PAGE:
Monday, April 23, 2012

The Saga Continues ... NLRB Posting Rule

Under the Obama administration, the National Labor Relations Board ("NLRB") has become much bolder in the position it has taken.  Some time ago, the NLRB decided that employers should be required to post a notice describing employee rights under the National Labor Relations Act ("NLRA").  The notice is interesting for multiple reasons. 

Let's start with the form of the Notice.  It is 11 x 16, stark white background with dark blue Headings and black text.  So there is no chance it can't be missed.  At the bottom of the Notice is a warning in bolded black:  "This is an official Government Notice and mus not be defaced by anyone."  I'm not sure what this mean.  I understand the "don't deface" language.  But why is it an "official Government Notice"?  Isn't it more accurate to say the government is compelling your employer to post this Notice?  And what will happen if, heaven forbid, someone defaces the "official Government Notice"?  Is there a monetary penalty?  Prison time?  Or are you simply forced to erase the graffiti and promise not to do it again? 

The Notice has more bolded black section.  It states that if employees select a union, the employer must bargain in good faith regarding the terms and conditions of employment. The telephone number to contact the NLRB is also bolded. 

The Notice identifies employees' rights to organize, form a union, bargain collectively, discuss the terms and conditions of employment, take action to improve conditions and strike.  The Notice also contains a list of things an employer can't do. 

The Notice ends with an * indicating that the NLRA covers most private-sector employers.  Of course, the Notice is too small to contain an explanation of the NRLB's jurisdiction.  But why sweat the details? 

According to the NLRB, this Notice should have been posted already.  But delays were encounters and the posting date was pushed back.  Courts examined the issue.  One recently said the poster is legitimate and the NLRB can order its posting.  But just a few days ago, another court said nope, the NLRB cannot compel an employer to post the Notice.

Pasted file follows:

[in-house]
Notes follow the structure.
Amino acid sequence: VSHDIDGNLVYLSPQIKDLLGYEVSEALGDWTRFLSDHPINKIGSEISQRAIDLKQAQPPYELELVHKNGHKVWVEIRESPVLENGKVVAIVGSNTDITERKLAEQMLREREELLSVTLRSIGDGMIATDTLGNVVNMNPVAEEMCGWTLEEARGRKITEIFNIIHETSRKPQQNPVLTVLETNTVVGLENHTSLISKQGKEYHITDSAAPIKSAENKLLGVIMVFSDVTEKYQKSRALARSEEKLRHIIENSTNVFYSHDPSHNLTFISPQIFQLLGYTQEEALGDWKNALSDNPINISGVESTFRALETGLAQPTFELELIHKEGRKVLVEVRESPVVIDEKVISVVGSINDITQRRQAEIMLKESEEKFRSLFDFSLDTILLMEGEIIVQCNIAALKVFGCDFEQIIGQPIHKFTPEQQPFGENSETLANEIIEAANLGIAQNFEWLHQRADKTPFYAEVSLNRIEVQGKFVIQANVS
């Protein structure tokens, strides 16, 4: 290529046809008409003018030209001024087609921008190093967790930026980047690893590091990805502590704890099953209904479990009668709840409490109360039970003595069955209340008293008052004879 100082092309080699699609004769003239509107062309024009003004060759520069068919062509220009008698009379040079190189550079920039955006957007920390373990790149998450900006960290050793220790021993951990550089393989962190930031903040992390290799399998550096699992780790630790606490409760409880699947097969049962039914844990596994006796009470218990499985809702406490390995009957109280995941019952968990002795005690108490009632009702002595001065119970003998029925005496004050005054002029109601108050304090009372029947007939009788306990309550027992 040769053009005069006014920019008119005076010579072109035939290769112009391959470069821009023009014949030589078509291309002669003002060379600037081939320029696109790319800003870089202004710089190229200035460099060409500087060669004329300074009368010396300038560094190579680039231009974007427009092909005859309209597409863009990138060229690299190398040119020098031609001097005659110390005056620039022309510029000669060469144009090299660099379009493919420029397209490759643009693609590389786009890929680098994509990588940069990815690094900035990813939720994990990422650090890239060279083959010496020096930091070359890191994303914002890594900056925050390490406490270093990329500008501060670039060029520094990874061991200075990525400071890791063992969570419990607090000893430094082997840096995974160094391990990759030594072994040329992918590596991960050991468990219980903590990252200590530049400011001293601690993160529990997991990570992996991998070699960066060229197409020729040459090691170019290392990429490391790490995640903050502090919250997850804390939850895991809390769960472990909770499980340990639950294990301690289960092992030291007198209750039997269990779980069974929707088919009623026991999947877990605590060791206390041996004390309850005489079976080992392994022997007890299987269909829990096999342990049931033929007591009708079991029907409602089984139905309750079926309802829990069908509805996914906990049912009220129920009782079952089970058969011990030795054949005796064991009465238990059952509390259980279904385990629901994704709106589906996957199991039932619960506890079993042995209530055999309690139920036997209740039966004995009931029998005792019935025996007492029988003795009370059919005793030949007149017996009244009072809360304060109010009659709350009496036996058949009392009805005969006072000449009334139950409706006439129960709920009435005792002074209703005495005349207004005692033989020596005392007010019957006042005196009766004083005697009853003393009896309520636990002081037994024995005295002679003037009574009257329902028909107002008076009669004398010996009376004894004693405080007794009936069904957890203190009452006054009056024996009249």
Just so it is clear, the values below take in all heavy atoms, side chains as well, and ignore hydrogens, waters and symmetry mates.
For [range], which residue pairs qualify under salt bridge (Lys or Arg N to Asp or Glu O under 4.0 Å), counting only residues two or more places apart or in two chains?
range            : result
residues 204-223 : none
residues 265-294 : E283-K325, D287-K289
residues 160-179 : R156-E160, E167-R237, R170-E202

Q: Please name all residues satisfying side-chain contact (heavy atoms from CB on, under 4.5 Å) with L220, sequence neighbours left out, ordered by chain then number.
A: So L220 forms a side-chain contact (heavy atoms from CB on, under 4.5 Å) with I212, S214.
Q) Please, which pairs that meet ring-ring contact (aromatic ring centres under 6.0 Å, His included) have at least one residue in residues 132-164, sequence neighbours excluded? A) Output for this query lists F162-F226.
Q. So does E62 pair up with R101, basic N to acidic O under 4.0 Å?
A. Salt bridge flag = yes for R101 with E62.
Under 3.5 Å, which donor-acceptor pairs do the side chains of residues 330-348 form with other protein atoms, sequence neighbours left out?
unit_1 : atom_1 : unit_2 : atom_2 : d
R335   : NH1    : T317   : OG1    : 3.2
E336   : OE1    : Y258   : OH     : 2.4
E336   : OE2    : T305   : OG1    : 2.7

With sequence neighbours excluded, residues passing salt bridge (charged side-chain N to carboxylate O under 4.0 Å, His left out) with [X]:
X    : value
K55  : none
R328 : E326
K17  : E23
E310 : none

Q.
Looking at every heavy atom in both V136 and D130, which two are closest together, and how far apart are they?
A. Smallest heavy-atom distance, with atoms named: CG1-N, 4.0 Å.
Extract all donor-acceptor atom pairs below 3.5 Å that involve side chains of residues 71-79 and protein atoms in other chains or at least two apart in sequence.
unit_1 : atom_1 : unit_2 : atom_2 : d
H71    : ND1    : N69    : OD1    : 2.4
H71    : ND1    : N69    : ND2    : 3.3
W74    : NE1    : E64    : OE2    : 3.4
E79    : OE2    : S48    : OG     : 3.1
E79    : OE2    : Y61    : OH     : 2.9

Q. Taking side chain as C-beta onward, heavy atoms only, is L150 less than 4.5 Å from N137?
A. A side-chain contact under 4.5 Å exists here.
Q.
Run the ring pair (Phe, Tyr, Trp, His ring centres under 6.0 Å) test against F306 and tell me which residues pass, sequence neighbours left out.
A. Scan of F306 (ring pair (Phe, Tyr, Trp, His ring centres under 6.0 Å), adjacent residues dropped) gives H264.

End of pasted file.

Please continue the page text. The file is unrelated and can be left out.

In light of this situation, the NLRB Chairman, Mark Gaston Pearce issued to following statement: 

In light of conflicting decisions at the district court level, the DC Circuit Court of Appeals has temporarily enjoined the NLRB’s rule requiring the posting of employee rights, which had been scheduled to take effect on April 30, 2012.

In view of the DC Circuit's order, and in light of the strong interest in the uniform implementation and administration of agency rules, regional offices will not implement the rule pending the resolution of the issues before the court.

In March, the D.C. District Court found that the agency had the authority to issue the rule. The NLRB supports that decision, but plans to appeal a separate part that raised questions about enforcement mechanisms. The agency disagrees with and will appeal last week’s decision by the South Carolina District Court, which found the NLRB lacked authority to promulgate the rule.

Chairman Mark Gaston Pearce said of the recent decisions, “We continue to believe that requiring employers to post this notice is well within the Board’s authority, and that it provides a genuine service to employees who may not otherwise know their rights under our law.”
I question the NLRB's authority to compel employers to post the Notice.  And I am confident that the NLRB's sentiment that a "genuine service" is provided to employees is not justification for the exercise of jurisdiction. 

We will now wait and watch for the next round in the saga of the NLRB Notice. 

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